I’ve Stayed in the Front Yard


I’ve Stayed in The Front Yard

after Gwendolyn Brooks

My father never drank except at Christmastime, I’ve
never seen a brown bottle drain until I was seven, stayed

at my grandmother’s house and knew the skank smell of alcohol, in
winter where cigarette smoke looks ghostly, the

ash tray a black patch of night, he sat on the steps in front
of the garden shed, and I watched breathed pain billow across the snowy back yard

and came back to my grandmother’s warm kitchen, where I could not smell all
the taint of sin that was roadside addiction and played on the crime shows my

mother watched on the TV, the dark living room in the night all my life.
A couple winters later we would come back and I

would be older now, a black Wisconsin sky drove an insatiable want.
At midnight, my aunt sang and poured drinks, a

curious child standing in the doorframe for a peek
at the golden liquid that bubbled to the sky, at

midnight, a champagne glass of orange juice was fitted into my hands, the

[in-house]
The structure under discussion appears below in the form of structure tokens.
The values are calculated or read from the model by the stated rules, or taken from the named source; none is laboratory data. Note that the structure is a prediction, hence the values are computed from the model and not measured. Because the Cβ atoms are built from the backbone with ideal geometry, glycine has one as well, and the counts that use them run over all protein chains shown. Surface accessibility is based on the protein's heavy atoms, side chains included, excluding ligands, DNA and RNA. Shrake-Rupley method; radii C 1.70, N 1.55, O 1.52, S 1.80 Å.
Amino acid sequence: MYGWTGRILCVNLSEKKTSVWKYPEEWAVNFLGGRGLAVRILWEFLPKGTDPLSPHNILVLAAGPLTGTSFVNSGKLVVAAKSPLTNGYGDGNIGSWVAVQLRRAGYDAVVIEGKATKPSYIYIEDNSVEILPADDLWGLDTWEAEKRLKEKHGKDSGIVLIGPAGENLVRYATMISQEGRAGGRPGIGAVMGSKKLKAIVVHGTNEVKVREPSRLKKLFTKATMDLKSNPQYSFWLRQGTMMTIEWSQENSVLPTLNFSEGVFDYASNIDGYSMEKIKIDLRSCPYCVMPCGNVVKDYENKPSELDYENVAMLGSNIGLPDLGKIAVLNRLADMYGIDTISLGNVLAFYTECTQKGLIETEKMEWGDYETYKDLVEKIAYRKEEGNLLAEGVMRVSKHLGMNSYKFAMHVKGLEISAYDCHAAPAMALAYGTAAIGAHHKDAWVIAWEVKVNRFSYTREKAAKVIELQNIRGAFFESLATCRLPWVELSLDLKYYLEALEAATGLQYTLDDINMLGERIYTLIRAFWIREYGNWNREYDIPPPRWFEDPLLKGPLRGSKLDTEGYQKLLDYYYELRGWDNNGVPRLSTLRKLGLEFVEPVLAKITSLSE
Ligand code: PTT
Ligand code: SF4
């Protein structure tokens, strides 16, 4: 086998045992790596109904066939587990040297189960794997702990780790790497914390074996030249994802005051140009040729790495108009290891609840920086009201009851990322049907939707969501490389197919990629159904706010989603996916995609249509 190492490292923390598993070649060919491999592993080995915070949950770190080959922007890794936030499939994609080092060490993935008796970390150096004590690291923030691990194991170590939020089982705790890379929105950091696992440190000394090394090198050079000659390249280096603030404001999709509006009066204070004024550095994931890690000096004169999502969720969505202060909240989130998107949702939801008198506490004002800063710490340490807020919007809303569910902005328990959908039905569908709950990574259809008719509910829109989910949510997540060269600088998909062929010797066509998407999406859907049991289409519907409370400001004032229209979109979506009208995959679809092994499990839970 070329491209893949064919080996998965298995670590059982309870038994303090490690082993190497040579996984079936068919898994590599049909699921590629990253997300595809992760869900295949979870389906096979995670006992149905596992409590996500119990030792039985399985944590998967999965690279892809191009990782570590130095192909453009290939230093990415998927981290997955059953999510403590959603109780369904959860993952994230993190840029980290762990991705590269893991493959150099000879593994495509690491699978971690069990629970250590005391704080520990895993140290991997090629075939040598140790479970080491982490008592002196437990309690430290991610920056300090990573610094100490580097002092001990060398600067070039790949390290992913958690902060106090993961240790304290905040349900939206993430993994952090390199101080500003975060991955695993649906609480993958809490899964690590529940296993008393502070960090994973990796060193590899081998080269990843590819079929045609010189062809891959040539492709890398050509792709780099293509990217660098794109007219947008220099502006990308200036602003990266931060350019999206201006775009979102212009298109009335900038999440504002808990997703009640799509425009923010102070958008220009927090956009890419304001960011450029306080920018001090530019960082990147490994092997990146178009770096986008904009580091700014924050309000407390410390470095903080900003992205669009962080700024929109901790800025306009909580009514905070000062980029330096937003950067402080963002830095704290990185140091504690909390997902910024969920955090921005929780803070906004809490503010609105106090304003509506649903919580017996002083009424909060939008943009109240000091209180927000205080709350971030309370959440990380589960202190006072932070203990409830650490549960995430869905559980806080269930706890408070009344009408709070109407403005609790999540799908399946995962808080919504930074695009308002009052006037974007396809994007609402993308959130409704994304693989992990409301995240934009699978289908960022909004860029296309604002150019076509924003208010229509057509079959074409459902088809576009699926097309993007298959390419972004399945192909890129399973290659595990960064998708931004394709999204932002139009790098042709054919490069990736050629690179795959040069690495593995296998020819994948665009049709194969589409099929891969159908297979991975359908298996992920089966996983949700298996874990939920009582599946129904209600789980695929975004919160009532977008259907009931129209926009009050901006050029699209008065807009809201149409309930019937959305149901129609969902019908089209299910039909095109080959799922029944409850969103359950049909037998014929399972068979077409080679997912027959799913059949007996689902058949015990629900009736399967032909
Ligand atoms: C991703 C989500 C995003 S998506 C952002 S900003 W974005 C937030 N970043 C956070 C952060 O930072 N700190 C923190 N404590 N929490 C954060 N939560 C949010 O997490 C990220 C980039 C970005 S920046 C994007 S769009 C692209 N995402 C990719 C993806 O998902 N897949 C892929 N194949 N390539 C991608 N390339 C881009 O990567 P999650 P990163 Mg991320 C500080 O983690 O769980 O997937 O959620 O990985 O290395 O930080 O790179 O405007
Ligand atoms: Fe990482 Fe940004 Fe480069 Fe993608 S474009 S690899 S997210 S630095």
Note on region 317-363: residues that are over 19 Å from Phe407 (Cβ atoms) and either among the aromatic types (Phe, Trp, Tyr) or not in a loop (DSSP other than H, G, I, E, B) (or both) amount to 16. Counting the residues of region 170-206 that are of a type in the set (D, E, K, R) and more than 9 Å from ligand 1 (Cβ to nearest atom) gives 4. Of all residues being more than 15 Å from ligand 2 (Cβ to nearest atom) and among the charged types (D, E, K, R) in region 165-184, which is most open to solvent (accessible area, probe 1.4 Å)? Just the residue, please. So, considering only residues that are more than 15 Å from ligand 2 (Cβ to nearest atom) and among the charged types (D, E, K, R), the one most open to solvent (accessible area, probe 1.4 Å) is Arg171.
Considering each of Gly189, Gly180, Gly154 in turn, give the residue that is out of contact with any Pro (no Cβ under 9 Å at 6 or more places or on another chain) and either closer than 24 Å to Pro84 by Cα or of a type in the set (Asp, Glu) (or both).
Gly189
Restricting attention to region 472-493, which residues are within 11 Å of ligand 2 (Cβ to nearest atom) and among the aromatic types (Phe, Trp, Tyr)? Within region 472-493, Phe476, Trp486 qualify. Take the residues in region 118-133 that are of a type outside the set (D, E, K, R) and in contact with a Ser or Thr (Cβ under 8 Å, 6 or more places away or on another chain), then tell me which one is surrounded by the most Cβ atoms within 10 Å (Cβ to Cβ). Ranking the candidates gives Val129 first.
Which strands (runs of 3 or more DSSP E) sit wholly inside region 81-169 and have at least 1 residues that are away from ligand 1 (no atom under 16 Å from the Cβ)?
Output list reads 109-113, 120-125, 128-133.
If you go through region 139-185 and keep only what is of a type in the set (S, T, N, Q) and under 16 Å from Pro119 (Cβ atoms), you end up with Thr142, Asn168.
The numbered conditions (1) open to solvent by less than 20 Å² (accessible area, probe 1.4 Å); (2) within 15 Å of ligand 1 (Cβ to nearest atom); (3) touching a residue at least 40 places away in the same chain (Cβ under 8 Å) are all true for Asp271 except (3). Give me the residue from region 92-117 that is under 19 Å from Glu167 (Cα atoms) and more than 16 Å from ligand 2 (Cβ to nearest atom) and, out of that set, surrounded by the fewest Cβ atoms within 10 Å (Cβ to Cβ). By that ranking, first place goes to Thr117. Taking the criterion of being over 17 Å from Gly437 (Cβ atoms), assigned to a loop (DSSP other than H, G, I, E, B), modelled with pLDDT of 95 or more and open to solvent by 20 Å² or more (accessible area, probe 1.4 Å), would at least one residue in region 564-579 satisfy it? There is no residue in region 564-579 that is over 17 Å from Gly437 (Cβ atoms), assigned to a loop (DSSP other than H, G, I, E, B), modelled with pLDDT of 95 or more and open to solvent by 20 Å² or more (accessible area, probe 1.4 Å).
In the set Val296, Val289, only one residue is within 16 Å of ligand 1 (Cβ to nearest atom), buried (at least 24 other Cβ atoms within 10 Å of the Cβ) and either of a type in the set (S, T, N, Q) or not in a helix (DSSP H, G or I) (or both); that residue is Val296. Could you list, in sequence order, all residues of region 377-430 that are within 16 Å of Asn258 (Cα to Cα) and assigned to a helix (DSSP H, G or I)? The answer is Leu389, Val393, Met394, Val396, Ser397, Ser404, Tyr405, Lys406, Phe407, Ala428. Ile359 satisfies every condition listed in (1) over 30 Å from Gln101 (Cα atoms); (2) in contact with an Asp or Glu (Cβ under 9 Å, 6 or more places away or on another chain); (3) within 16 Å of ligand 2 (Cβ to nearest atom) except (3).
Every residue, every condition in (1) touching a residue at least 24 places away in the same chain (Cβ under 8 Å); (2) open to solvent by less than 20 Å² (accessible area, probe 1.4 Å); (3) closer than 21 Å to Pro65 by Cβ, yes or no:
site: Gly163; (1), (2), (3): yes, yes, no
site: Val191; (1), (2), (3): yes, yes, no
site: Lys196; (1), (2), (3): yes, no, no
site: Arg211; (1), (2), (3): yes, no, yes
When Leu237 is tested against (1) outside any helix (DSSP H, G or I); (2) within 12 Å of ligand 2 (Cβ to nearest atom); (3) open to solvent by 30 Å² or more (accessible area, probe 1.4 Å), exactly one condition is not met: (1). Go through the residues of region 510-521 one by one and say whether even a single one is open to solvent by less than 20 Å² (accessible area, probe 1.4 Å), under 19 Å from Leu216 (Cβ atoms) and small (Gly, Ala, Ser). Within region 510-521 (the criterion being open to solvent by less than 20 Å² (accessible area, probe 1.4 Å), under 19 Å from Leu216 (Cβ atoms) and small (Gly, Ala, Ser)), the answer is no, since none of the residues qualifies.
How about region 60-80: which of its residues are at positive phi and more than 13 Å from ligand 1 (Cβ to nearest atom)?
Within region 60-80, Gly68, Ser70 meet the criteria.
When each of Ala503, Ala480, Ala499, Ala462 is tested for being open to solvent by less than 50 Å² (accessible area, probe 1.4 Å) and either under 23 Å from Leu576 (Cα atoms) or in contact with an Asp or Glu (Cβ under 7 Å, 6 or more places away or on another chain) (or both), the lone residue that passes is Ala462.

thickness of the pulp, I felt twenty-one at twelve, drinking leaning back.

what is it that real men do, I never knew how to be strong and
bold and to wear

fire on my beating chest, the
flame that does not ash. I screamed into the night to sound brave

and heard no return, no world shake in fear. The real man in me pulled on his stockings
and left the room, vaulted the fence of

the front yard to the back, the unknown, the night-black
I folded and faded and bit unknown lace.

I heard the night owl’s coo of disapproval, me—the collective bad, and
yet I picked myself off the dewy ground and through the mud and grud to strut

my first steps across newfound grass, and down
to the stream to wash my dirty shins, “I am almost sixteen and I want to see everything,” the

unfounded land, to be carried by new waters, vault down untouched city streets
my mother will tell me “you’re too young” with

love, but I have freshly-coated war paint
and I ride on

the air, the leap of faith, the hunter’s and hunted’s prowl on my

Author Headshot

Brendan Nurczyk is a high school sophomore from Jacksonville, Florida. He has been published in his school’s literary magazine Élan, has been recognized regionally for his poetry and fiction by the Scholastic Art & Writing Awards, and will attend the Iowa Young Writers’ Studio this summer.